The Government’s handling of the NHS has pushed it to crisis point

When it is said that one of the reasons for the swing against the Conservatives in the general election was that voters were tired of austerity, it may be that the state of the National Health Service was an important part of this verdict.

The NHS itself did not feature much in the campaign. All three main parties promised to increase health spending, and Labour’s plans were “marginally more generous than those of the Conservatives and Liberal Democrats”, according to Professor Chris Ham at the independent King’s Fund. But that difference was enough to move votes, and the Government must now recognise the depth of the crisis.

In an exclusive interview with The Independent, Janet Davies, the chief executive of the Royal College of Nursing, today warns Theresa May that staff shortages leave the NHS on the brink of another Mid Staffs hospital scandal putting hundreds of lives at risk.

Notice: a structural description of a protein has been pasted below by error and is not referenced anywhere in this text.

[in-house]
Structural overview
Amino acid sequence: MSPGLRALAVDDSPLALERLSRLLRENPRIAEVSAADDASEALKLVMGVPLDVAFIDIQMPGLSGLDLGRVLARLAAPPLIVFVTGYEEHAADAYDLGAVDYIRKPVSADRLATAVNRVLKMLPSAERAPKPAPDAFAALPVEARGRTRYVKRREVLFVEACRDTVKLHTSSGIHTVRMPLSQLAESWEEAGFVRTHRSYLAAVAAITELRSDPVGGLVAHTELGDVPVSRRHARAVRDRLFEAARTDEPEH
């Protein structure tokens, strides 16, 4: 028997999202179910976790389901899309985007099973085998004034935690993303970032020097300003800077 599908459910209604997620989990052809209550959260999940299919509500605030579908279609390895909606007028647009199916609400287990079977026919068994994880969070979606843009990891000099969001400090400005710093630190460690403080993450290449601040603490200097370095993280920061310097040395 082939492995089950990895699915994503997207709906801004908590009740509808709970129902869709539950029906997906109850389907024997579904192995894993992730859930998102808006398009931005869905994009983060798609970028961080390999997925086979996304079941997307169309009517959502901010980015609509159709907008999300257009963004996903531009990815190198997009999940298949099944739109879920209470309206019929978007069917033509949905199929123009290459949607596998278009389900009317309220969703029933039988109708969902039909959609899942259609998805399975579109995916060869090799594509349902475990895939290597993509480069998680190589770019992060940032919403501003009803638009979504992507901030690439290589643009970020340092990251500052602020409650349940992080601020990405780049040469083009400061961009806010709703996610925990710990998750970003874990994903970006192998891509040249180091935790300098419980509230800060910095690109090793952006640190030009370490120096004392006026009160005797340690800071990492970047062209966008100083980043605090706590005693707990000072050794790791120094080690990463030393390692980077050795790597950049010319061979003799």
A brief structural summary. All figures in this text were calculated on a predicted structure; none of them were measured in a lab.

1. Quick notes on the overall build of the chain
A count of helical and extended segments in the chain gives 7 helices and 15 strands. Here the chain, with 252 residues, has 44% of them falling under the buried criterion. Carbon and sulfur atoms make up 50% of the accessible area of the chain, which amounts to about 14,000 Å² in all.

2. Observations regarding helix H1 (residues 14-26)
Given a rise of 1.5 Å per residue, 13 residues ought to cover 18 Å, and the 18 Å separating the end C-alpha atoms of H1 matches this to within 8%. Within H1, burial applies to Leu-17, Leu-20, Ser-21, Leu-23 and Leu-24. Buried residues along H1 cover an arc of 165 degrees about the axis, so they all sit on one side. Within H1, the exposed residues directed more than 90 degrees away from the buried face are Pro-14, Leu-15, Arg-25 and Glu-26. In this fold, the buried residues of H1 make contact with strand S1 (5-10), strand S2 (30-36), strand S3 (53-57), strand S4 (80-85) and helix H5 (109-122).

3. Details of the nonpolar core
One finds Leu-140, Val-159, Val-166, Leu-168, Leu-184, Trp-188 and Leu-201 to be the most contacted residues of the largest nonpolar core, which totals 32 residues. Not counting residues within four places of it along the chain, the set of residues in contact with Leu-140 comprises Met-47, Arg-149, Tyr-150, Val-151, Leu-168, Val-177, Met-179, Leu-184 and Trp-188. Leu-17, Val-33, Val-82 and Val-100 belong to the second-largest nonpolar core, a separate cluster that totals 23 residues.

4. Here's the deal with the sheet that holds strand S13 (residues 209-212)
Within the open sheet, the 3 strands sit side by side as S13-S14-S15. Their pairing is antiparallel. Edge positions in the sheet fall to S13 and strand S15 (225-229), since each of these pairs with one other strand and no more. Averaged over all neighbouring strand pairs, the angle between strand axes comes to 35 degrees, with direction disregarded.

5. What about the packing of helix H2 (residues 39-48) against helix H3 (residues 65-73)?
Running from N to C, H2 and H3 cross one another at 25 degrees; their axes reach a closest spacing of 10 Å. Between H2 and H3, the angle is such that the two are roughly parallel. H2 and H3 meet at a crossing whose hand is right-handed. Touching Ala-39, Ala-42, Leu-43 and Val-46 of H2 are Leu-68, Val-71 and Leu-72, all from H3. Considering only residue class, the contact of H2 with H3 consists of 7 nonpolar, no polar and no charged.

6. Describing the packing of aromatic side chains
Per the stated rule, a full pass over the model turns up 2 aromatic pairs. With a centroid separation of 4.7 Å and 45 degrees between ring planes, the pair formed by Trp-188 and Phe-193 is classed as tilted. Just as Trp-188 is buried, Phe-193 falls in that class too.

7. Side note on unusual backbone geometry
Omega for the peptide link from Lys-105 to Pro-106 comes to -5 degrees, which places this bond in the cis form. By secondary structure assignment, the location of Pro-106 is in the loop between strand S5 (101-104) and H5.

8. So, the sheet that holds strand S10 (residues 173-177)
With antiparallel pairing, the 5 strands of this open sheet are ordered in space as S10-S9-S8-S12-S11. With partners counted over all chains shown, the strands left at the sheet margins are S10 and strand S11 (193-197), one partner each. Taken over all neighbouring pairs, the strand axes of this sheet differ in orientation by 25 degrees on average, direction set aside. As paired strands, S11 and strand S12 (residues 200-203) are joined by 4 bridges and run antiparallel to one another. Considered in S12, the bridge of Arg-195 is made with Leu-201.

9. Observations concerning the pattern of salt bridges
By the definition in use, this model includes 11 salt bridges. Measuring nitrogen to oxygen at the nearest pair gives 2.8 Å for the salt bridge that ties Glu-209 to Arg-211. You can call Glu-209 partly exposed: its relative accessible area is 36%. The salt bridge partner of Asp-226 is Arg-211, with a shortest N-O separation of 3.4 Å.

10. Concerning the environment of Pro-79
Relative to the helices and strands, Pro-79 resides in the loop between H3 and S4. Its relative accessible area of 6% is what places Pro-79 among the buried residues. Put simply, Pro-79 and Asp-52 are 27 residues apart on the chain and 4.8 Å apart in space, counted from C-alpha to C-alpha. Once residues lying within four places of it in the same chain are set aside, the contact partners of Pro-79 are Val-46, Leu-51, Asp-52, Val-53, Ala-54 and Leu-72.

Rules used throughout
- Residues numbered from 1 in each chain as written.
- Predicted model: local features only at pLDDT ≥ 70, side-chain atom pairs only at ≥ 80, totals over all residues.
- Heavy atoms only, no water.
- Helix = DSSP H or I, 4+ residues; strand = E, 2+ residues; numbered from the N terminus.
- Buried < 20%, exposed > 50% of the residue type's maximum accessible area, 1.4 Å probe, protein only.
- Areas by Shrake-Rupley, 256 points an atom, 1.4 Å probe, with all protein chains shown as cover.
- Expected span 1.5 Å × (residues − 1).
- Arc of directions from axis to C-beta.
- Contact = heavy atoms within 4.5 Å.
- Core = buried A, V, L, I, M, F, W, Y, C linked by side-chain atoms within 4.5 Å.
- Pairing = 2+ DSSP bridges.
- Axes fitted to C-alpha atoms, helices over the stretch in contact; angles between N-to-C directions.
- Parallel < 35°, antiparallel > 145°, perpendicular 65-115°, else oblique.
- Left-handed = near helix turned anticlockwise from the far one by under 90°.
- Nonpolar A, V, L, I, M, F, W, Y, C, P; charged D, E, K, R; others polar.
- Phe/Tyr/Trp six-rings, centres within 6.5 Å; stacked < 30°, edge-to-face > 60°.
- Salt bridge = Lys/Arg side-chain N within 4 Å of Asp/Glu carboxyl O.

This is a crisis that has been building for some time. The Conservative Government since 2010 protected real-terms spending per patients, and Ms May has promised to continue that policy in the new Parliament. But the rate of increase in spending contrasts sharply with the boom years of the Labour Government, and has failed to keep up with the increasing demands of an ageing population.

Over the past two years, the strains on the NHS have really started to tell. Last year, Jeremy Hunt, the Secretary of State for Health, managed to end the junior doctors’ dispute over new contracts, but the underlying problems remain. In January, the Red Cross warned of a “humanitarian crisis”.

Now, the RCN says that several factors have come together to hit nursing recruitment. Public sector pay restraint means nurses’ wages are low while job stress is high; the abolition of nursing bursaries has cut the supply of new trainees; while the Brexit vote has discouraged new arrivals from the rest of the EU.

The Independent also reveals today how the number of GPs seeking…

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